The spread of coronavirus (Covid-19) continues to cause havoc for the art world in Europe with museums and institutions forced to close. The Louvre in Paris is closed for a second day today after the French government banned indoor public gatherings of more than 5,000 people (the number of reported Covid-19 cases in France has risen to 130).
According to the France24 website, museum management and union officials are in talks about the reopening schedule. Meanwhile, some staffers were reportedly concerned about museum workers from northern Italy who had come to the museum to collect works by Leonardo da Vinci loaned for the recent major exhibition. The museum did not respond to a request for comment at the time of writing.
After announcing mass closures of institutions in the north of Italy last week, the country’s council of ministers (the cabinet) has passed a decree stating that museums and cultural institutions can reopen except in the designated Covid-19 “red zone” (the municipalities of Bertonico, Casalpusterlengo, Castelgerundo, Castiglione D'Adda, Codogno, Fombio, Maleo, San Fiorano, Somaglia, Terranova dei Passerini and Vo).
Museums and cultural institutions in the yellow zone (Lombardy, Emilia Romagna and Veneto and in the provinces of Pesaro, Urbino and Savona) can re-open under the new governmental measures on the condition that they ensure “visitors can respect a distance of at least a metre between each other”. Cinemas and theatres must stay closed however until at least 8 March while bars, restaurants and shops are also permitted to reopen.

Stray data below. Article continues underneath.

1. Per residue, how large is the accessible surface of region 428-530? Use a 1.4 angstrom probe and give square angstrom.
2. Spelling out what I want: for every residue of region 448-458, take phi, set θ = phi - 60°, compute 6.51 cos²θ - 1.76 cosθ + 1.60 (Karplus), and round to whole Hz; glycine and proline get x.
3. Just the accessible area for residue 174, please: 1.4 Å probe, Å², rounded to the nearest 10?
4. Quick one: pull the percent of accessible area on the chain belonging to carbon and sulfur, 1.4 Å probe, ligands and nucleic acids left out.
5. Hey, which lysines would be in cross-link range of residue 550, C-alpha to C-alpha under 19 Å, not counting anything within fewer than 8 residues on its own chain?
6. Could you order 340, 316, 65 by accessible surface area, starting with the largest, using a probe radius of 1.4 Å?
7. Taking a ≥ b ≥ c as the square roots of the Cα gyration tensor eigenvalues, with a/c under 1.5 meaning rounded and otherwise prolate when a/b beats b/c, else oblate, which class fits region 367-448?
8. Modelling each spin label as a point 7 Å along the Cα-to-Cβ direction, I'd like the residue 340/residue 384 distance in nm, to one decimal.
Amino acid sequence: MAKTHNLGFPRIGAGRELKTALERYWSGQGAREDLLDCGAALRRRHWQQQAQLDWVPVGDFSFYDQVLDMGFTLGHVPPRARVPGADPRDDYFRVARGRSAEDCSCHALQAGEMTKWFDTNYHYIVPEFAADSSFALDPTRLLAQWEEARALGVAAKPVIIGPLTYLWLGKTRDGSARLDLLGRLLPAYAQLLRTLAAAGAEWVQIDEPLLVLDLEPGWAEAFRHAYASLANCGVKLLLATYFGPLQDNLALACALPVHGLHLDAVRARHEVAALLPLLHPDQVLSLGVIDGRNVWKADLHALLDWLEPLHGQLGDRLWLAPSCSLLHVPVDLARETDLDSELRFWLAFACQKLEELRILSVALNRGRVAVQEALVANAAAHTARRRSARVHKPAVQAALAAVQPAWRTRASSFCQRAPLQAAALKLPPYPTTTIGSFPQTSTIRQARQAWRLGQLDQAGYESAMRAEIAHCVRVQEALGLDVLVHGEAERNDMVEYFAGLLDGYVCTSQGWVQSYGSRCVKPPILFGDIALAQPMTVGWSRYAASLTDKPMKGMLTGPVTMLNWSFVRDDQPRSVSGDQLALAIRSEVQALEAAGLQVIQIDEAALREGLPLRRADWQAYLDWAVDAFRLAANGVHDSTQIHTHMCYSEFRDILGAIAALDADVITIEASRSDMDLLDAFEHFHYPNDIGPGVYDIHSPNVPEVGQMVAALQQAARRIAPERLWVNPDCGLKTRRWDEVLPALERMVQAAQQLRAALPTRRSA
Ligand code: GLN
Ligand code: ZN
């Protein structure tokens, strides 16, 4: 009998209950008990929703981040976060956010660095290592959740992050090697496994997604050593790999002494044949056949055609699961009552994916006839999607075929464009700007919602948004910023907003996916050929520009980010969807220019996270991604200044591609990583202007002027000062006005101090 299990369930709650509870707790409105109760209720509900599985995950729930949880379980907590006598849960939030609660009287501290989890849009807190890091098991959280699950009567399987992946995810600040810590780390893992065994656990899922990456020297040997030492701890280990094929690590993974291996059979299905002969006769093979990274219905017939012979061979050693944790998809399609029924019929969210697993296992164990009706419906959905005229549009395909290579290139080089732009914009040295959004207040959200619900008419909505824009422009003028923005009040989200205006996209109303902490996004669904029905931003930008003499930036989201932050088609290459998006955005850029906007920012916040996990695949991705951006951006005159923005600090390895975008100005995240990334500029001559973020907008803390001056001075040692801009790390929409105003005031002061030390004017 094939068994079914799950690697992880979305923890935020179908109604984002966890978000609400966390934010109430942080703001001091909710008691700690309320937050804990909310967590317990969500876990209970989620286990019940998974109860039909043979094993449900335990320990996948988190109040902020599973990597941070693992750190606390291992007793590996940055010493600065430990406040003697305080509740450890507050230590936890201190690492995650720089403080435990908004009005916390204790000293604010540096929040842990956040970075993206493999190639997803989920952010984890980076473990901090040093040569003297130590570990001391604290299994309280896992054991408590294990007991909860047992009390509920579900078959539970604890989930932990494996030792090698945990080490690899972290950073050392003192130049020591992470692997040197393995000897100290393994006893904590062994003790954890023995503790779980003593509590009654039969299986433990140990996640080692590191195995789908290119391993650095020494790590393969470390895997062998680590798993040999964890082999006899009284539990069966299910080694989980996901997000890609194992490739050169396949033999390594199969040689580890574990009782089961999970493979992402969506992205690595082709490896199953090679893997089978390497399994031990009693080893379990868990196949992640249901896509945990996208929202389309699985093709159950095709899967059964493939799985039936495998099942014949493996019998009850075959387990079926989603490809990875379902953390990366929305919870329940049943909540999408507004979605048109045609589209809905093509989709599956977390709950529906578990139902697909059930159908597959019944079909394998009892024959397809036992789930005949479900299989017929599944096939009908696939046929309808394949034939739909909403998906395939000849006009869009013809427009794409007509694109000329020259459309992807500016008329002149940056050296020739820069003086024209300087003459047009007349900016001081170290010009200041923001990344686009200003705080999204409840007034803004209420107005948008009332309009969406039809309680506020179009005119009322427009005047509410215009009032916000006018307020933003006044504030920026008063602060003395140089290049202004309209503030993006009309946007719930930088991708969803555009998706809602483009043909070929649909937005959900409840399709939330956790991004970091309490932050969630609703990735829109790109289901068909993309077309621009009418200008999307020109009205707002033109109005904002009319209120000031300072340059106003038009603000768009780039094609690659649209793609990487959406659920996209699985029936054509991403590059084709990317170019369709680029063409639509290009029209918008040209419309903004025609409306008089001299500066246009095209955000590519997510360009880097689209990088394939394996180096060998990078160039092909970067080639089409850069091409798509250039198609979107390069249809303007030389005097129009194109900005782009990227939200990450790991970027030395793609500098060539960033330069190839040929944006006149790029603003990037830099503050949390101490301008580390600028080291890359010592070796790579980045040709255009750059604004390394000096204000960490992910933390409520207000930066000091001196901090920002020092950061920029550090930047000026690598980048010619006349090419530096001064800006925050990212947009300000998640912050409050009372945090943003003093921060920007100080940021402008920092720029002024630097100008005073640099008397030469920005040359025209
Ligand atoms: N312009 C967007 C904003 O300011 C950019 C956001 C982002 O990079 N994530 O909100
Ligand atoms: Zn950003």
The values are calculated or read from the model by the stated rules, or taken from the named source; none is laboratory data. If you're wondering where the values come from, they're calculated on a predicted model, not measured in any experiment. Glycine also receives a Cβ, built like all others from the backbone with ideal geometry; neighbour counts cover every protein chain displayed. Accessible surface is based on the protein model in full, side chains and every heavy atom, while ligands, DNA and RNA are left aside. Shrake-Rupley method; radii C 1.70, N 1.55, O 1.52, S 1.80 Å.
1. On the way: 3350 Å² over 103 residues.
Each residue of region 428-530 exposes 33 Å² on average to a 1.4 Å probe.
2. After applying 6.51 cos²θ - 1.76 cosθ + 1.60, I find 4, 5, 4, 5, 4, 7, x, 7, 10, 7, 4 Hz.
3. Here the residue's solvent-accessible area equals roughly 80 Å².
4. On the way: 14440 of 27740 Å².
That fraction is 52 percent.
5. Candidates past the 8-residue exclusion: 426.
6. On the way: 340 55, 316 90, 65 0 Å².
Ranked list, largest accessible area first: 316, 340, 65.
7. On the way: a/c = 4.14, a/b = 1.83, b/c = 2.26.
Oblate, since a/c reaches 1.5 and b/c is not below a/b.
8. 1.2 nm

A spokeswoman for the Galleria Civica d’Arte Moderna e Contemporanea in Turin confirmed that the gallery will reopen tomorrow while Palazzo Madama reopened today. The Castello di Rivoli contemporary art centre will reopen 3 March according to its website. All of Venice’s civic museums—including Museo Correr, the Palazzo Ducale and the Museo del Vetro—are all now open.
UPDATE: Maxence Langlois-Berthelot, managing director of the Musée du Louvre, says: "Our staff members have expressed legitimate concern about the risk posed by the number of people visiting the museum. However, the authorities, Minister of Culture and Ministry of Health have assured us that the museum can remain open as normal at this stage. All recommended procedures are being implemented; the number of visitors per room is far from 5,000—the limit past which all public gatherings in a confined space are to be cancelled. Staff representatives met museum management this morning to define the measures to be taken at stage two of the epidemic and a meeting on the subject will be held by Ministry of Culture this afternoon."